Rabbi's Desk

Being a Rabbi in the only Jewish synagogue and community center in Manila brings many challenges, but it also provides gratification in knowing how different and special our community is. Our community is very united, celebrating together, mourning together, and sincerely caring for any Jew in the country.

We follow the Sephardic tradition but there are lots of members that come from different backgrounds and levels of observance. This gives a great feeling of tolerance and acceptance to members and visitors.

When my family and I arrived to Manila in September 2004 after my rabbinic ordination at Midrash Sephardi Yeshiva (Shehebar Sephardic Center) in Jerusalem, the community had about 30 member families. It was a struggle to complete a minyan on Shabbat. Te community was depleting in numbers as the manufacturing industry was moving to China, and some members thought that our community was dying.

The presence of the Jews in the Philippines dates back to the Inquisition, but it was only until after World War I, when many Jewish refugees arrived from Russia to escape persecution, that the Jewish community in Philippines was formally organized. In 1922, the community built the first Synagogue in Manila named "Temple Emil." By the early 1930s, the Jewish community of Manila numbered around 500 people. In the 1940s, at the request of the Jewish community in Manila, the government issued visas and permitted more than a thousand European Jews to enter the Philippines and escape the war in Europe.

During World War II, the Philippines was under the Japanese occupation and the synagogue in Manila was eventually destroyed due to all the fighting. After the war, while the synagogue was being rebuilt, many Jews left the Philippines for Israel or the United States and the community shrunk.


In 1982, the synagogue was moved to its new location in Makati City. Now, it is part of a beautiful stand alone complex that houses a large function room, a spacious kosher kitchen, a library, classrooms, a mikveh and offices. The community owns a Jewish cemetery as well.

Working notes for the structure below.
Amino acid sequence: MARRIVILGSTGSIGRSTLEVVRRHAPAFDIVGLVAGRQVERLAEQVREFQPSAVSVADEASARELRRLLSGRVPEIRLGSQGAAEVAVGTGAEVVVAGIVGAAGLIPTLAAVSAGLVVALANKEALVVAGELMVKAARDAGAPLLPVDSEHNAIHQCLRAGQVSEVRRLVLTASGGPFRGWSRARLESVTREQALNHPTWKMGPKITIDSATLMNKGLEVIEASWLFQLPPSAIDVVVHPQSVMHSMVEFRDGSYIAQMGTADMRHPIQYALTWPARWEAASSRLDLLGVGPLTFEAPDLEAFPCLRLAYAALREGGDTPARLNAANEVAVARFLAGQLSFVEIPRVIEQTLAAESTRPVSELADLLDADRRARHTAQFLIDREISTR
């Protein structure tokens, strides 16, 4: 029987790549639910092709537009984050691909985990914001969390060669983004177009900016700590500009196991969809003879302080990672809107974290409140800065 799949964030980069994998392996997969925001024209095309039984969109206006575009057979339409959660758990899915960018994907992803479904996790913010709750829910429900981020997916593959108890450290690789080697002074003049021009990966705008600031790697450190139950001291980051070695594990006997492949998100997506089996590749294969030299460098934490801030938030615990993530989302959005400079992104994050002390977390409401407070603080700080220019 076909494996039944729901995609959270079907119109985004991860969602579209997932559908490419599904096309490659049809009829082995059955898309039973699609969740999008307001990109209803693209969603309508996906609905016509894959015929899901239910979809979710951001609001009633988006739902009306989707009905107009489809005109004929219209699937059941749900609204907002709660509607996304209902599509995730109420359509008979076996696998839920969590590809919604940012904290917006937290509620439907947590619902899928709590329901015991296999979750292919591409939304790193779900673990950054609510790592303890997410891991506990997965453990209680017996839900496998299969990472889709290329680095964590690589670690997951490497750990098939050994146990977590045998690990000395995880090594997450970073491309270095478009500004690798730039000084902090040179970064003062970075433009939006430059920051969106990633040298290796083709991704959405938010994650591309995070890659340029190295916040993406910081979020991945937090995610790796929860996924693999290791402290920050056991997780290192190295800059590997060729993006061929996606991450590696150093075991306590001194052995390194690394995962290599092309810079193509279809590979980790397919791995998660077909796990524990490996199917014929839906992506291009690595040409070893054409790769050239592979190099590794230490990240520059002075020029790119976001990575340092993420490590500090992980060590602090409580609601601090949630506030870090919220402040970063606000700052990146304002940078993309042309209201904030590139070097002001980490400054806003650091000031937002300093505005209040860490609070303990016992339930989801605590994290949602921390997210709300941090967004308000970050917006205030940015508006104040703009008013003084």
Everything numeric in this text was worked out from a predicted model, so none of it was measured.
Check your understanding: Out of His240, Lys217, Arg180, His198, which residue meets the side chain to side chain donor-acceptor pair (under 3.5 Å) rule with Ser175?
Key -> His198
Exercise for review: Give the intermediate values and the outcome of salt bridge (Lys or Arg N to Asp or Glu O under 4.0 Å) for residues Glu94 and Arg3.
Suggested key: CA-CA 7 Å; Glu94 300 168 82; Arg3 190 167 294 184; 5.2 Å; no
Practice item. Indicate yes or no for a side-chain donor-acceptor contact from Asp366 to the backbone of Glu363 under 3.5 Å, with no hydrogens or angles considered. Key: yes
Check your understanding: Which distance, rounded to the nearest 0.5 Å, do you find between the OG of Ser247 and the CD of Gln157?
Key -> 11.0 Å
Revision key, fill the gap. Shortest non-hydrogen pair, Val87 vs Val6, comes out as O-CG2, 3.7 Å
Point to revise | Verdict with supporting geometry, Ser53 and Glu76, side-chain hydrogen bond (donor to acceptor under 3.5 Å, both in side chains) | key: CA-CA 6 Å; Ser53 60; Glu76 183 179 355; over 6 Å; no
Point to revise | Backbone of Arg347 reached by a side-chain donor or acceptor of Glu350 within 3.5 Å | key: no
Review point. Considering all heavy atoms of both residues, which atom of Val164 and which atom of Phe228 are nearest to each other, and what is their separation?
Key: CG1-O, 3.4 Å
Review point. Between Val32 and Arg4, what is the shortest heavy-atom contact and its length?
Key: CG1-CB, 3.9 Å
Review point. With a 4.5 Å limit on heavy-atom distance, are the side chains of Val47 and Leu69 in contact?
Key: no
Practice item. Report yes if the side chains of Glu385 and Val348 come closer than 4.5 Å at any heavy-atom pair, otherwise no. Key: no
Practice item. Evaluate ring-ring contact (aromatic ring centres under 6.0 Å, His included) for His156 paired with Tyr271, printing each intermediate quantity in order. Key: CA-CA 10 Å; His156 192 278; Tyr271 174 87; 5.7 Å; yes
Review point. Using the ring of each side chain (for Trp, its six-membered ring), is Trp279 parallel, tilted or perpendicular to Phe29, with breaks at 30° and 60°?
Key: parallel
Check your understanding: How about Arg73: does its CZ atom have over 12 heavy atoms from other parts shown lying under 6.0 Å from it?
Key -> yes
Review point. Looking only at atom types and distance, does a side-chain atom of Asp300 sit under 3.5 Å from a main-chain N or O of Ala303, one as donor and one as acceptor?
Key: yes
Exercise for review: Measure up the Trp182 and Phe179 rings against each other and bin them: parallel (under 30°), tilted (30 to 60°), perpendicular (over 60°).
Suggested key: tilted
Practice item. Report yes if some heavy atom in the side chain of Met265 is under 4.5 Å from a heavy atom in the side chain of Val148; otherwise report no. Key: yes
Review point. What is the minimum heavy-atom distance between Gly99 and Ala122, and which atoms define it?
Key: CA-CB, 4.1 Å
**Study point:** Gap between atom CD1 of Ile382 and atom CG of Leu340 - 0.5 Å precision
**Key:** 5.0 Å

Despite the challenges, we continued having Friday night services, followed by Kiddush in our house, where we would share a Shabbat meal with seven to 15 people. On Saturday mornings we would have prayers with minyan and a beautiful lunch with about 40 people.

After almost eight years, the community has grown, our membership has almost tripled and we now have more visitors. The Friday night meals that we used to host at our home were moved to the Social Hall because of the increase in the number of people coming that now ranges between 40 to 50 at night and 80 to 100 in the morning. With the help and support of the community, we have established a minyan on Mondays, Thursdays, Rosh Hodesh, Holidays, Shabbat and any other time that we have a special occasion like a Brit Milah, burial, wedding, etc.


We now have weekly Monday and Thursday night adult lessons, Bar Mitzvah and Sunday classes for children in Hebrew and Torah, men and women's lessons on Shabbat, summer camps, additional lectures and other religious and/or cultural events.

Since I am also a shohet, the community in the Philippines has the benefit of being the only community with its own production of Halak Bet Yosef beef, veal, lamb and chicken in South East Asia. We also supervise and work with a farm in Batangas to maintain milk production and a supply of different kinds of kosher cheese. All meals served in the synagogue are strictly kosher. We also cater for events and provide take-out meals, sometimes preparing 600 meals a week.

At present, we are working on a number of plans, such as the renovation of the mikveh to serve better the needs of our increasing number of women and a Jewish school in the near future.

Working with the community has been a great learning experience and we hope to continue to be blessed with the opportunity to strengthen Jewish education, values and identity.

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